June 11, 2012
Time-Less Al- Qur’ān Speaks to Reason
It was the year 610AD when a man by the name of Muhammad received the first revelation Iqra’ – Read in the name of thy Sustainer, who has created man [al-Alaq 96: 1]. And the world changed forever.
He was a simple man, a young merchant with noble values and considered a moral man. He didn’t possess supernatural powers but rather a sincere servant of God with the most excellent character.
Wa-innaka la’ala khuluqin adzim – For behold! Thou keepest indeed to the sublime way of life. [ai-Qalam 68: 4]
The Qur’an describes him as a man amongst you – rasūlun min an fusikum – and your friend – sōhibukum. But then the message was revolutionary. It spoke to the minds of the people at that time and it will continue to speak to every generation of mankind because the Qur’ān is time-less.
The Qur’ān only fixes time-less laws, ethics, rights and restrictions that are universal in its application. It is a constitution containing the basis for mankind’s dealing with life. Everything outside of the Qur’ān is time bound and must be reinterpreted by every generation to fit in to their circumstances.
The most important aspect of this revelation is that it speaks to reason. The Qur’ān aims to heighten certitude in the minds of its readers by presenting rational arguments. Appearing about fifty times in the Qur’ān is the verb aqala, which means “to connect to ideas together, to reason, or to understand an intellectual argument.”
Throughout its pages, the Qur’ān repeatedly invites the reader to use these faculties, to refect upon the created universe, and man’s own self, as signs for finding God. This endeavour is basically to enable man to perceive God by using their intellect – li-qaumin yatafakkarun – for people who think.
The Qur’ān managed to transform a generation of desert-dwelling men into the best generation of their time. However, only a quarter of a century after the Prophet’s time, the age of happiness ended. In July 657AD, two Muslim armies bearing swords and lances, faced each other at the banks of Euphrates River known as Siffin. Army of the fourth Caliph Ali was facing that of Muawiyah. And fellow Muslims were spilling each other’s blood. What happened to the idea that all believers were brothers in faith?
The answer lay not in faith but in another potent factor: political power. And to this Rachid Ghannouchi, leader of Hizb en-Nahdah (The Renaissance Party) quotes a renowned Muslim historian, Shahrastani, as saying that it was on the question of Khilāfah (Caliphate) or political power, that Muslims drew sword, fought each other and shed blood of one another.
Due to this reason, Ghannouchi distinguishes between what he calls as ad-deeni (the religious, sacred or absolute) and as-siyāsi (the political, profane or relative). While no disputes ever erupted among early Muslims pertaining to ad-deeni, that is in matters of aqidah (creed) or ‘ibādah (worship); they however disagreed over matters pertaining to as-siyāsi.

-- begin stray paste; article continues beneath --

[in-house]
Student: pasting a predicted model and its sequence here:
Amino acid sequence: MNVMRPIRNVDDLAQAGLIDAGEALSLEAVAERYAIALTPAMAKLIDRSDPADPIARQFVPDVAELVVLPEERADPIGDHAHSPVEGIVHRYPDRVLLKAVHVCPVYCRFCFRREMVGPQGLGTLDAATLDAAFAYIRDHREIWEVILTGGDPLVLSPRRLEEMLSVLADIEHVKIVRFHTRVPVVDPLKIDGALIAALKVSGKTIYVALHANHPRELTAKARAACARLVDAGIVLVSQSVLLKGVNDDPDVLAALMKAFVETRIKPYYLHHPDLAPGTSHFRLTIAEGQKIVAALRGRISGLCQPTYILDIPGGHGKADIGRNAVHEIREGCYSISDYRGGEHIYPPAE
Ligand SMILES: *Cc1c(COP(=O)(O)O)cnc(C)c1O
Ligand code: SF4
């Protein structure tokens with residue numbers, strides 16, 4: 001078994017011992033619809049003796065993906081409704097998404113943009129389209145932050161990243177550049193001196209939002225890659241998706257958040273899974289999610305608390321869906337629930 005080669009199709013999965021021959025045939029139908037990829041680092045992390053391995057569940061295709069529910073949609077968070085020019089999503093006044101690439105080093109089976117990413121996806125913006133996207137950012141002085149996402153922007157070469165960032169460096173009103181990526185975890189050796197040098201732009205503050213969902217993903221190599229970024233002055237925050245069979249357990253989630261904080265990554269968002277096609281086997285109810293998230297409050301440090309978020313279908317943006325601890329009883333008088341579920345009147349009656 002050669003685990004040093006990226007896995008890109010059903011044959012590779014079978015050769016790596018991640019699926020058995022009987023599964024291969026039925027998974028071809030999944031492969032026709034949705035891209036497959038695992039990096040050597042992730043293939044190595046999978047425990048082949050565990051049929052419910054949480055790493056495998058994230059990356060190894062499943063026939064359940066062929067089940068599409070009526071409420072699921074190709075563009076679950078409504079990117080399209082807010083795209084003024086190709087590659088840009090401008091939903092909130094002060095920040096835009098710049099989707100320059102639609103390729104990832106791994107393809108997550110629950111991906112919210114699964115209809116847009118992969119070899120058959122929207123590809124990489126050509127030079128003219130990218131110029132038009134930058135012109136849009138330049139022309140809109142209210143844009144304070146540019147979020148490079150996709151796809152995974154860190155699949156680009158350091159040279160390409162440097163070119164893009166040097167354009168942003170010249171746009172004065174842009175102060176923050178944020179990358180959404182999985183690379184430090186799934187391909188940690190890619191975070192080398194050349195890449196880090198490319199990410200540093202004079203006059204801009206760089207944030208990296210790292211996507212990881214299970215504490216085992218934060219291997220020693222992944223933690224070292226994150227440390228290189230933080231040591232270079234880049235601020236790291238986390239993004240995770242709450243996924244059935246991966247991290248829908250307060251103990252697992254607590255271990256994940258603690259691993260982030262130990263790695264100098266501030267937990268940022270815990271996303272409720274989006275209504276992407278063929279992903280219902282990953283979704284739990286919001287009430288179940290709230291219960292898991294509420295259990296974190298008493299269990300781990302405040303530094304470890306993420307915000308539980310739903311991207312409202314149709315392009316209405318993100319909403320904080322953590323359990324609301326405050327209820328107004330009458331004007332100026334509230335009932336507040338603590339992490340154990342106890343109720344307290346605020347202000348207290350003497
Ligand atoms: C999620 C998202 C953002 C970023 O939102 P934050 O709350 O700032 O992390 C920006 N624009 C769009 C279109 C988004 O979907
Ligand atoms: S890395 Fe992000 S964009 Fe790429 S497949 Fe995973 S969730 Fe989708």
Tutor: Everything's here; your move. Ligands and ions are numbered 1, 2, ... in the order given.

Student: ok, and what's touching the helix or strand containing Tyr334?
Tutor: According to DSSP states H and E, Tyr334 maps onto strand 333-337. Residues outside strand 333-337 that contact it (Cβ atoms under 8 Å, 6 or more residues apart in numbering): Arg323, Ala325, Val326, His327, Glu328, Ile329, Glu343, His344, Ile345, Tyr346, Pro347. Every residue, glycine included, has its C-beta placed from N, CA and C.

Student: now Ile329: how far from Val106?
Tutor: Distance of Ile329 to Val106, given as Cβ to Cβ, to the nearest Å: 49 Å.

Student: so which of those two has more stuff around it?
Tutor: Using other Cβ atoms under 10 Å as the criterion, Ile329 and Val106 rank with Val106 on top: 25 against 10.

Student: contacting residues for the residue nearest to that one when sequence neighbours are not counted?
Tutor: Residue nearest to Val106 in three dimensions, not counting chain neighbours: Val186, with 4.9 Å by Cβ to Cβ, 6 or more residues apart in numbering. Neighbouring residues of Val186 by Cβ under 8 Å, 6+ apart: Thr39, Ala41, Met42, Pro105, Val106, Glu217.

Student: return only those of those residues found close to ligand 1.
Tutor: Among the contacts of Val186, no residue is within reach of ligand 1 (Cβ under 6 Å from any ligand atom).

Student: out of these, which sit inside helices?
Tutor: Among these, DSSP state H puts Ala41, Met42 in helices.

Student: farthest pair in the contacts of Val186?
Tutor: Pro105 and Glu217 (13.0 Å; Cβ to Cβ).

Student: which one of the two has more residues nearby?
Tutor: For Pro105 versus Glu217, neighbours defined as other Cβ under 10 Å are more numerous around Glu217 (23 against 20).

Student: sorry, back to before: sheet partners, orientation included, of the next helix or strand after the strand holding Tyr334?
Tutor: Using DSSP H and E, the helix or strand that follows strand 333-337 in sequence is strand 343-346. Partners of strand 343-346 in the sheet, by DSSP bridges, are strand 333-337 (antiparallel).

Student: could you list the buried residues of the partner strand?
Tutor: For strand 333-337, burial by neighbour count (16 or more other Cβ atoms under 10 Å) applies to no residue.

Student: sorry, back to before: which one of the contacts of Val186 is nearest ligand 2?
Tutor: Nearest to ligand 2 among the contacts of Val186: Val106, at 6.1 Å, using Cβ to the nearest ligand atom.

The main problem Muslims are facing in the 21st century is within this realm of as-siyasi. Islam has never been monolithic in such a way that any call to revert back to the Qur’an and Sunnah and to follow the as-salaf as-soleh (the pious predecessors as in the first 300 years of Islam) as the main ingredient for unity, remains hollow. As we had seen from as early as the tragedy of Siffin, Muslims have never been united.
Henceforth, any agenda to replicate the earlier generation known as as-salaf as-soleh and assuming that there have been no differences in opinions and approach within them is simply in vain. We have to acknowledge that the community during that time was as diverse as we are right now.
And because of this myopic view and understanding that the Qur’an and Hadith must be read and understood in rigid black-and-white terms, and interpreted the way as as-salaf as-soleh interpreted them; have led to the stagnation of the Muslim community.
In order for political Islam to be able to face the modern world and its challenges, it must be able to adapt and transform itself. Every generation faces different circumstances, and thus many laws and ways for society cannot be fixed for all time. This is why also the Qur’ān only fixes time-less laws, ethics, rights and restrictions that are universal in its application. It is a constitution containing only the basic foundations for mankind’s dealing with life.